However, Eve has a trick up her sleeve, too. Just when you thought things couldn’t get any better, here’s Aoi literally teaching Eve how not to shoot straight. There is absolutely no way it was not intended. Eve, in turn, honors her friend by naming her a new segment after her. The subtitles help the audience with that, but there’s some neat Japanese wordplay going on here that I’d like to elaborate a bit more on. We know that the Eve symbols are named after the color of the rainbow, and they call this purple, or 葵, the same kanji used for the name Aoi. But this kanji specifically means holihawk, more precisely, the bullet is called the color of hollyhock. Hollyhocks can be of different shades, so 紫 or the English word purple (used later by Eve) is usually used to describe this color. The point is that Eve intentionally calls it queer as an expression of her love. Furthermore, “aoi” is commonly associated with the pronunciation of blue, 青, which exploits an additional grammatical synergy between the name Aoi and Eve’s patented Blue Bullet. In other words, they’re lesbians, Harold.
And if you need more proof Birdy Suite Written by and for geniuses, let’s delve into the post-credits scene. With her purple bullet, Eve finally manages to arouse Rose’s confidence, and it manifests itself physically as an old injury that’s getting worse. This makes sense – surely there was a reason why Rose retired from illegal golf – and it metaphorically appears as a crack starting to work its way through a pane of glass. At this point, this makes perfect sense as a way to build on the finale of the match and the eventual victory for our heroine.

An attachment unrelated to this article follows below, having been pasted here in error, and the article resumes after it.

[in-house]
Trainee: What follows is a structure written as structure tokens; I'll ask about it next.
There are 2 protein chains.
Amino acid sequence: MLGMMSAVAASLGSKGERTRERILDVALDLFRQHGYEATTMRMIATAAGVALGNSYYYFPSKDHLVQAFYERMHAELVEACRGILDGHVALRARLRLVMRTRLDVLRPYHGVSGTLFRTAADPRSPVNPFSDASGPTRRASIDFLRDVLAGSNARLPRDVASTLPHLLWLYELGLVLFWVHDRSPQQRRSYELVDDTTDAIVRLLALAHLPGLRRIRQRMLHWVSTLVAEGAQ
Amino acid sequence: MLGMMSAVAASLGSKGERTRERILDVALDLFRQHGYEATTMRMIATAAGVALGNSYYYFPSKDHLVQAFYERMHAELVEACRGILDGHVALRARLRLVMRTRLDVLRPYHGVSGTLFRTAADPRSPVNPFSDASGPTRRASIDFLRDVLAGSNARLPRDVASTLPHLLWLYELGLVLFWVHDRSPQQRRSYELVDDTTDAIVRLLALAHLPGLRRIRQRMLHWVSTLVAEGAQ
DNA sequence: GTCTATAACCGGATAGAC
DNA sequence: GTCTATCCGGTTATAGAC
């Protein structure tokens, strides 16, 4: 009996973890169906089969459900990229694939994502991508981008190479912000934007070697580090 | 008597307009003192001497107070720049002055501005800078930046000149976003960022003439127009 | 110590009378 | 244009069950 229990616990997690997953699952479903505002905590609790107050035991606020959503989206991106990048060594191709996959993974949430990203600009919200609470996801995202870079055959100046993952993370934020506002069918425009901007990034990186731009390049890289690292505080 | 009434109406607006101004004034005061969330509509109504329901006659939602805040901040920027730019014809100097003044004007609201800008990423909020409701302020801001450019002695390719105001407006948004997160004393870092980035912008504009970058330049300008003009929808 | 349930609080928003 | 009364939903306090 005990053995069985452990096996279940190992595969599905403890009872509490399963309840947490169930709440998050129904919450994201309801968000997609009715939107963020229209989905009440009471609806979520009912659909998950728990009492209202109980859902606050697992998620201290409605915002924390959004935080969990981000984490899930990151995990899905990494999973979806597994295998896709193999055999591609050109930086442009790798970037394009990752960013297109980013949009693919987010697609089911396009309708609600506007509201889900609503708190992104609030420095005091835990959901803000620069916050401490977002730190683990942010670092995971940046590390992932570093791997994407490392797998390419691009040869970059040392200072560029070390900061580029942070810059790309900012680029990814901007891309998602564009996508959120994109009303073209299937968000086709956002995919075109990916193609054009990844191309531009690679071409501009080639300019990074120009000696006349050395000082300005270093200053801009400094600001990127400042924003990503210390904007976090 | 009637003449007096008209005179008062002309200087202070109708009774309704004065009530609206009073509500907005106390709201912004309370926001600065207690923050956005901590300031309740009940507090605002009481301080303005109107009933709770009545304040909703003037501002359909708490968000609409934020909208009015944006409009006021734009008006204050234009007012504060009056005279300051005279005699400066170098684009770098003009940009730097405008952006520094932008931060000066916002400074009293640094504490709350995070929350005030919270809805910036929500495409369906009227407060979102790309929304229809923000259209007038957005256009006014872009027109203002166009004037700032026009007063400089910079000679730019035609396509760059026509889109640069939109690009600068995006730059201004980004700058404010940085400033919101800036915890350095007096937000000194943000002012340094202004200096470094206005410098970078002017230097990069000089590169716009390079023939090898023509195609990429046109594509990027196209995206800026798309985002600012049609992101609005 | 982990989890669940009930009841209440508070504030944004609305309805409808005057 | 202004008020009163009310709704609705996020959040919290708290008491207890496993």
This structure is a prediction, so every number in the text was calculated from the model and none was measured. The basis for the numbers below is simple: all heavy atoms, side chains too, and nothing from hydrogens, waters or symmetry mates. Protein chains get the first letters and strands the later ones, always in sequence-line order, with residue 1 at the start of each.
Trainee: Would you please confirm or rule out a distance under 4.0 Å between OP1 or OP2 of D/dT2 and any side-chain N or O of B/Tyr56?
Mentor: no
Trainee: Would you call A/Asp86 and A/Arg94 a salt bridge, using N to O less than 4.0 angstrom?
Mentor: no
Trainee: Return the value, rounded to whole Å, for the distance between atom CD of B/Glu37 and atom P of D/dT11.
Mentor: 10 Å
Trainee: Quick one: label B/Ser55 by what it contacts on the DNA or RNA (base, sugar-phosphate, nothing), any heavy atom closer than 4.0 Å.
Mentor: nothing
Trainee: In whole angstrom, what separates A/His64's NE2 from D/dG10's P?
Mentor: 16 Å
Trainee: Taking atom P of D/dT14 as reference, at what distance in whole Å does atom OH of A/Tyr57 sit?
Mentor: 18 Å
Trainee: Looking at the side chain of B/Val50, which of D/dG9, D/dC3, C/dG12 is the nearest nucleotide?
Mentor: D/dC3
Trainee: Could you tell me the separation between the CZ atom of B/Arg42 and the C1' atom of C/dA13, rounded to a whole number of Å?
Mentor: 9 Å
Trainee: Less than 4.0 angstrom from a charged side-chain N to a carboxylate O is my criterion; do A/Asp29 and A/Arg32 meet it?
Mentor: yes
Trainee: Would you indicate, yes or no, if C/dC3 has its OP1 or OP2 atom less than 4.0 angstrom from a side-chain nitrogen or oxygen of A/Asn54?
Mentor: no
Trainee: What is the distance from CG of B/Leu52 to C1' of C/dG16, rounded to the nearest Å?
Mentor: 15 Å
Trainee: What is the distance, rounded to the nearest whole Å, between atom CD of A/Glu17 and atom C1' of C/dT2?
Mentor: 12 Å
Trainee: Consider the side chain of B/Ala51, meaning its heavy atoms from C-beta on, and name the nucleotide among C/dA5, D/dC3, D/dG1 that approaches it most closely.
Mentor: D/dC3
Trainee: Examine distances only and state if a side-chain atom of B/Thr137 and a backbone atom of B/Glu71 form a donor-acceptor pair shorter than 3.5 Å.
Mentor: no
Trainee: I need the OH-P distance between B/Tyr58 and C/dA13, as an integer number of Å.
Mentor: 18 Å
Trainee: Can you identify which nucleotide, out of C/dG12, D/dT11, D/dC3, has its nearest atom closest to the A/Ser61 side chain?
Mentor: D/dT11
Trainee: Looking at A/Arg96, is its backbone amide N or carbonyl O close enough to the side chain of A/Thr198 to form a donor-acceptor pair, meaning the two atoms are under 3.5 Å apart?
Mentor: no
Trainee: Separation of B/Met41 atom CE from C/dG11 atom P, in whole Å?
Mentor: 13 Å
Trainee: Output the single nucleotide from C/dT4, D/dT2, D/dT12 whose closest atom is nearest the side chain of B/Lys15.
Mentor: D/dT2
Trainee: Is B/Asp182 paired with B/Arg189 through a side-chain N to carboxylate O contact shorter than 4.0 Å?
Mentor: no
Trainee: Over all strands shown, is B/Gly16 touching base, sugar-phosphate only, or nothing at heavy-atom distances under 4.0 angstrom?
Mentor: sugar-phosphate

Then Rose’s hand flies.
They should know better. Why do I expect Birdy Suite To get to the visual symbolism when the best and smartest decision would be to give Rose the actual Bowie Crystal arm? Given that these women are currently playing in a secret underground roguelike golf course that costs billions to build, why should I be surprised that there are high-tech golf prosthetics that are also inexplicably made from a material notorious for shattering? I mean, the answer to those two questions is that it’s crazy, and there is no possible world in which I can expect this development. And that shine Birdy Suite. After seven weeks of psychological golf, he still found ways to seduce me.
Cumulative score: -10
Post text: I don’t know where else to put this, but I just noticed this week that Leo Actor’s voice he is Shuichi Ikeda, aka Char Aznable. So this is and Toro Fria (aka Amuro Ray in Gundam And Riya Amoro in Birdy Suite) voices two of the few petty masculine characters that are imported into this show. Apparently, they are too golf buddies in real lifeso consider it another way Birdy SuiteIts existence is wholly inexplicable and wonderful.
Birdie Wing – A Girls Golf Story Currently streaming on
Steve is a world-renowned golf expert and commentator, but if you just want to read his thoughts on animation and good brows, there’s always Twitter. Otherwise, catch him talking about trash and treasure alike this week in Anime.